2011-07-06 14:59:37     Bit shift problem

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2011-07-06 14:59:37     Bit shift problem

Wojtek Skulski (UNITED STATES)

Message: 102172   

 

Hello!

 

not sure if the following problem is related to the toolchain. Let me describe it here. Disclaimer: I am using the 2009 distro because of the network driver. So maybe the problem was already fixed.

 

I defined bit 31 in the FPGA register to test whether the readout is allowed. In my readout software I am testing this bit. Surprisingly to me, method #1 does not work while method #2 does. I am reporting it here.

 

  /*waveform capture still running ==> do not acquire waveform*/

  virt_addr = (long *) FPGA_ODD_THINGS_REG;

  value = * virt_addr;

 

  bit = (value >> 32) & bmBit0;   /* method #1 does not work */

 

  hi = (short) ((value & 0xFFFF0000) >> 16);  /* method #2 works*/

  bit = (hi >> 16) & bmBit0;

  if ( bit != 0) {

      Error (FPGA_NOT_STOPPED, form_method, getvars, postvars, info);

  }

 

 

The "does not work" means that despite the bit being set (I have an independent means of looking at it) the Error is not called when I use method #1.

 

The variables are declared as follows:

 

#define bmBit0  1

 

  long *virt_addr;      /* mem pointer*/

  long value;           /* 32-bit read result.*/

  short lo, hi;         /* low and high parts of 32-bit word  */

  int bit;              /* aux variable for bit testing  */

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2011-07-06 15:07:04     Re: Bit shift problem

Mike Frysinger (UNITED STATES)

Message: 102173   

 

pretty sure both examples are wrong.  the short cast probably sign extends the result and makes you think it is working.

 

shifting a 32bit value by 32bits doesnt really make sense.  pretty sure you want to shift by 31 bits.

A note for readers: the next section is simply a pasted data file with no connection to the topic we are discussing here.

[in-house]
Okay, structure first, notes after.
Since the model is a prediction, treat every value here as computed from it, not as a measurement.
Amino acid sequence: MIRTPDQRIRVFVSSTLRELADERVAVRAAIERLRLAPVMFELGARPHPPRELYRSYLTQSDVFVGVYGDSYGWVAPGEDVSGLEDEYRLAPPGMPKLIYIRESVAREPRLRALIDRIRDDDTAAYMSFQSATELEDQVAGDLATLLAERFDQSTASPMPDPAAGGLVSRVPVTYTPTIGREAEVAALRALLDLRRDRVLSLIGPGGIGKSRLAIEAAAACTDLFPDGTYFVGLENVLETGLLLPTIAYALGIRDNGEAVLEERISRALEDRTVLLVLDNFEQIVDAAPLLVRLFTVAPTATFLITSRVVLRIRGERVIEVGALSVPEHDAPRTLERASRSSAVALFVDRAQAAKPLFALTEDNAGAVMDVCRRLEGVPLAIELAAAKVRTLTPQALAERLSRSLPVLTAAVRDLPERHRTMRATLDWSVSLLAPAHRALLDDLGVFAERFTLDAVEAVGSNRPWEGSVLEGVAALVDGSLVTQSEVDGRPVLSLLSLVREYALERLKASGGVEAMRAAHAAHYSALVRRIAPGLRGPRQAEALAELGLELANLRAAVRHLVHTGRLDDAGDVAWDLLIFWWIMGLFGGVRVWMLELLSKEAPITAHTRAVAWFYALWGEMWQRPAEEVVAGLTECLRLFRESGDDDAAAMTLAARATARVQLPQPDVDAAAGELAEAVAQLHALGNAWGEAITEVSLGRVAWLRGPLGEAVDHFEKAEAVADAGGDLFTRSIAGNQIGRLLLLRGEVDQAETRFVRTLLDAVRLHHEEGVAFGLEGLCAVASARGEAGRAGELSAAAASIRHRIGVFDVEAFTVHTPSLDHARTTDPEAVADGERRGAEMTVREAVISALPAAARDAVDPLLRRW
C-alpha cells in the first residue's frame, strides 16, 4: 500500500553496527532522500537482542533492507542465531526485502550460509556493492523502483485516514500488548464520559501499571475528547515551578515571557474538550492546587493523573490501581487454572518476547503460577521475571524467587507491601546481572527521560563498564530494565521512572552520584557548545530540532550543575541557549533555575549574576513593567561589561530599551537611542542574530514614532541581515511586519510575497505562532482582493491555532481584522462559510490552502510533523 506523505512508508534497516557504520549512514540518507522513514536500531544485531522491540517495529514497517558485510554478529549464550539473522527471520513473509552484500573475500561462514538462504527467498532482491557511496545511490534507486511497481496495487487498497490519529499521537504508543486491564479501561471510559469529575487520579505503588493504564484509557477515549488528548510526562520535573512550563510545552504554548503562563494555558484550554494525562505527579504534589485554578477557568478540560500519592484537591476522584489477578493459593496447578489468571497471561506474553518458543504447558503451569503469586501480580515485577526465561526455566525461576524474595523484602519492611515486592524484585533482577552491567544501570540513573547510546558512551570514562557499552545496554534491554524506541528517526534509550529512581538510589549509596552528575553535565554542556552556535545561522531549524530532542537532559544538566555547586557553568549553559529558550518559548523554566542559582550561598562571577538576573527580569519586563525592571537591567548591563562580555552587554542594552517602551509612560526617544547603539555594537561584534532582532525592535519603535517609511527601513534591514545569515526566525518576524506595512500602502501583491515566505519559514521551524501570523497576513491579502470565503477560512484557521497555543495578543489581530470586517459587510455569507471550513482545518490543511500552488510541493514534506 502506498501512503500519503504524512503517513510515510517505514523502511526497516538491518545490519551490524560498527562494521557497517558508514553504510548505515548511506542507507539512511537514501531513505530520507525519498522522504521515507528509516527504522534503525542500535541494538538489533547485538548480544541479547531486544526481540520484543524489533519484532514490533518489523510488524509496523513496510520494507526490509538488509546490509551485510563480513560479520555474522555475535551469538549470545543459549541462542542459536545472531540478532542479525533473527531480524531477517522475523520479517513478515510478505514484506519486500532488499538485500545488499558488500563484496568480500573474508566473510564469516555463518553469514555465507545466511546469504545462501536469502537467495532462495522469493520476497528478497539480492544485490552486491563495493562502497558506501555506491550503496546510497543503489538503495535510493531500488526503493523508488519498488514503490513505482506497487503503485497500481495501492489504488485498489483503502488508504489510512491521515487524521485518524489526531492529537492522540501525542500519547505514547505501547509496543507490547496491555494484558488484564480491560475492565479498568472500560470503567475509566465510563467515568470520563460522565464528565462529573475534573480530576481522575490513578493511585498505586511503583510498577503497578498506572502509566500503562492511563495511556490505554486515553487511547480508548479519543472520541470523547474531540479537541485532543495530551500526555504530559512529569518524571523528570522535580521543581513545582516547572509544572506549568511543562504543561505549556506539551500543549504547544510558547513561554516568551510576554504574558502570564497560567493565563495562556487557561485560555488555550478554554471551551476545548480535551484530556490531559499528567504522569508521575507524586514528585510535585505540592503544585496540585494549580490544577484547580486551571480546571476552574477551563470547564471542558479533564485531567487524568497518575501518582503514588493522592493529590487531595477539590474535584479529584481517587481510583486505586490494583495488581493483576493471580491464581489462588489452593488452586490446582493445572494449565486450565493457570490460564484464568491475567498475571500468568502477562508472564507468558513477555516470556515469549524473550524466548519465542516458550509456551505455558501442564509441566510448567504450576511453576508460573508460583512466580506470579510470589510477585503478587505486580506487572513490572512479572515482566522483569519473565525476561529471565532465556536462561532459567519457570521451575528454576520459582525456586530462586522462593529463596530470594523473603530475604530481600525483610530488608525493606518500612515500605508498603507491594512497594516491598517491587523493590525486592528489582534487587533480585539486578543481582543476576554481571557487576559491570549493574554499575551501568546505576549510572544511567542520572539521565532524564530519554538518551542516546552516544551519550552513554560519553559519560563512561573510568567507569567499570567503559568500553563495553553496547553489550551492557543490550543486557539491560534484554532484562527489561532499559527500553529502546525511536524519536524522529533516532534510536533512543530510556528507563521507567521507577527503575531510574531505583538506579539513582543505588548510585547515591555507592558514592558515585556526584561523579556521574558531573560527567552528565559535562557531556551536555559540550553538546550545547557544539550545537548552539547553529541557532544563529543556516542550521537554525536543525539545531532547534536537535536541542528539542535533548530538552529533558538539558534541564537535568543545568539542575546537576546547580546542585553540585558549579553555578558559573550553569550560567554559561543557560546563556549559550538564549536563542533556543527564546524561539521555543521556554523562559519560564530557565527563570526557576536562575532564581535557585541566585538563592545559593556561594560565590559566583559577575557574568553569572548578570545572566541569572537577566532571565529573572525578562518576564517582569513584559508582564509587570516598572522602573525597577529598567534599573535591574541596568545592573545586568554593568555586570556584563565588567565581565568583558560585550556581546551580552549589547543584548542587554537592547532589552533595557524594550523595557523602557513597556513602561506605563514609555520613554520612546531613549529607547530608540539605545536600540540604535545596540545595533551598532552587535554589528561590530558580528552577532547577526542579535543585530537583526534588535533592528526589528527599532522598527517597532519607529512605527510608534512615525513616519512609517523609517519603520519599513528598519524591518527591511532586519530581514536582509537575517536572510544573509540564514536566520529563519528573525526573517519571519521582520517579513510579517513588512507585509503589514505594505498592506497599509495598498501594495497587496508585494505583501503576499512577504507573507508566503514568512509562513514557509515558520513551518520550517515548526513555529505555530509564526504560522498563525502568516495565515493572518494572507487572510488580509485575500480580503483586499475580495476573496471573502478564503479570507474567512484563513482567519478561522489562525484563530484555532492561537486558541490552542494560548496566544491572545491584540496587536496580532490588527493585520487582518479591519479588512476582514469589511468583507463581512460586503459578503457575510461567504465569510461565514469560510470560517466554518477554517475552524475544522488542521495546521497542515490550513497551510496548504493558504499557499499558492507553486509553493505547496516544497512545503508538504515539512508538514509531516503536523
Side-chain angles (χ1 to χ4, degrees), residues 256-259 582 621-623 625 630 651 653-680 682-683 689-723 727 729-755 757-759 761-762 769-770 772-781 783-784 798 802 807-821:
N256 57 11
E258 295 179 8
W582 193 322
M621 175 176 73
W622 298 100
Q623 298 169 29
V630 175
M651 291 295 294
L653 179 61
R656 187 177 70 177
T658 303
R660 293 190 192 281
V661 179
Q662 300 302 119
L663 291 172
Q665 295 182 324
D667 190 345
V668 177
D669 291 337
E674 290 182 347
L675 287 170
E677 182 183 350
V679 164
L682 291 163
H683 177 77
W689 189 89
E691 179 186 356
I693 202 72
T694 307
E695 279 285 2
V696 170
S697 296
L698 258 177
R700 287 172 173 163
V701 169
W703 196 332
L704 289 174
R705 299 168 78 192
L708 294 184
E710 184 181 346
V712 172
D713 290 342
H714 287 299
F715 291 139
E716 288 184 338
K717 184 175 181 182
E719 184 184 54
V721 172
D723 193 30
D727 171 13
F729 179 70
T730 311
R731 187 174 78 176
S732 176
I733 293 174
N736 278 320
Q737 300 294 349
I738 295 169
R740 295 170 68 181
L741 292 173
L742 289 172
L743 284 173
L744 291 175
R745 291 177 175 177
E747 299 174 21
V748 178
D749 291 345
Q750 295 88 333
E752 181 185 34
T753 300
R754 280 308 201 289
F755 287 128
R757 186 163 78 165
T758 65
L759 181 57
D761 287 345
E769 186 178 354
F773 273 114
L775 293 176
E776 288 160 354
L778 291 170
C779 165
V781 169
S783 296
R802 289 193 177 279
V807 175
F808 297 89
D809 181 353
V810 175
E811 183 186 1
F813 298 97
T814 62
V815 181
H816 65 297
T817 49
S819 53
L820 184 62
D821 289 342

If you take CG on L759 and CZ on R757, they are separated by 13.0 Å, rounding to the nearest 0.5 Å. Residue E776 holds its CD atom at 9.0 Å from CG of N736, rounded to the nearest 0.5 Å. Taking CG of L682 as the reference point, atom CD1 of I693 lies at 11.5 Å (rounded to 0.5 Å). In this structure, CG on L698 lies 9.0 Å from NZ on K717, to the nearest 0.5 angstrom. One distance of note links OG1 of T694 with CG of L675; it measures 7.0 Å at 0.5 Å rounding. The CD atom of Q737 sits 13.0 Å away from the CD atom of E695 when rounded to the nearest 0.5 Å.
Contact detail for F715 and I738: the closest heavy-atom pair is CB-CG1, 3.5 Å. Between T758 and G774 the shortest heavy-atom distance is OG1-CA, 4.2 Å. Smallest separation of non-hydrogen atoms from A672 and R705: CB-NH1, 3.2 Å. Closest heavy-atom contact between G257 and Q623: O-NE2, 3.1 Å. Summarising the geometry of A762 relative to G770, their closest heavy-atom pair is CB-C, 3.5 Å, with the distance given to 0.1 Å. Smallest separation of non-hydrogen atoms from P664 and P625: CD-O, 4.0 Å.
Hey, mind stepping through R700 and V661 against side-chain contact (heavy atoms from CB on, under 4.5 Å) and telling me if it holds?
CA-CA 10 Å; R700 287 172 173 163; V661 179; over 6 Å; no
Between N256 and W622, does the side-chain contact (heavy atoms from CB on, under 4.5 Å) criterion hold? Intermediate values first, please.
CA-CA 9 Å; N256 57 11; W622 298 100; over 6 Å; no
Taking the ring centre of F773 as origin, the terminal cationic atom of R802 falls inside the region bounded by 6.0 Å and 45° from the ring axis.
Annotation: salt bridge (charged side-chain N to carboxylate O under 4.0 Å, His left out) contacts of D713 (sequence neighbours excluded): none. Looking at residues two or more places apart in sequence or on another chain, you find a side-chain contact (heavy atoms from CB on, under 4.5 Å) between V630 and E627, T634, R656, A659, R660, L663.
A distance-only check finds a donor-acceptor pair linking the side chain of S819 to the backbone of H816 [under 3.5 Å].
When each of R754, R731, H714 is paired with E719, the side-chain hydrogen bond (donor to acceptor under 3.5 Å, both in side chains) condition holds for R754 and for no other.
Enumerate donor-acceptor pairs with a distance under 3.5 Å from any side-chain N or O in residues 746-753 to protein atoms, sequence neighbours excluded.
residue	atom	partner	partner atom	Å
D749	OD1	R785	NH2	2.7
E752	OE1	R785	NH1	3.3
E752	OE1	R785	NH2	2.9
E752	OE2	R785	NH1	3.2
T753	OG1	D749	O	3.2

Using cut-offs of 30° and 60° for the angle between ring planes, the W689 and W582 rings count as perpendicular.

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2011-07-06 15:24:58     Re: Bit shift problem

Wojtek Skulski (UNITED STATES)

Message: 102174   

 

Mike:

 

you are right.. ditto for shifting a 16-bit variable by 16 in method #2. Meanwhile I noticed there was a warning issued by the compiler for the line with "method #1".

 

warning: right shift count >= width of type

 

It makes me realize that bit was declared as int, which most likely is 16 bit. There must have been an interesting combination of type conversion and the sign extension performed by the compiler in both methods.

 

So I changed bit to long and shifted by 31. It now works...

 

Programming *is* interesting.

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2011-07-06 15:31:20     Re: Bit shift problem

Mike Frysinger (UNITED STATES)

Message: 102175   

 

"int" is 32bit on Blackfin systems.  "short" is 16bit.

 

you can check by simply doing:

printf("%i\n", sizeof(int));

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2011-07-06 15:53:30     Re: Bit shift problem

Wojtek Skulski (UNITED STATES)

Message: 102176   

 

Mike:

 

I stand corrected. So it must have been sign extension. My C Quick Reference does not say anything in this respect about the ">>" operator. It says "move bits". It probably depends on the signed/unsigned type whether its is an arithmetic or logical shift. I did not think of this because in other languages which I am also using these two types of shift are coded in two different ways.

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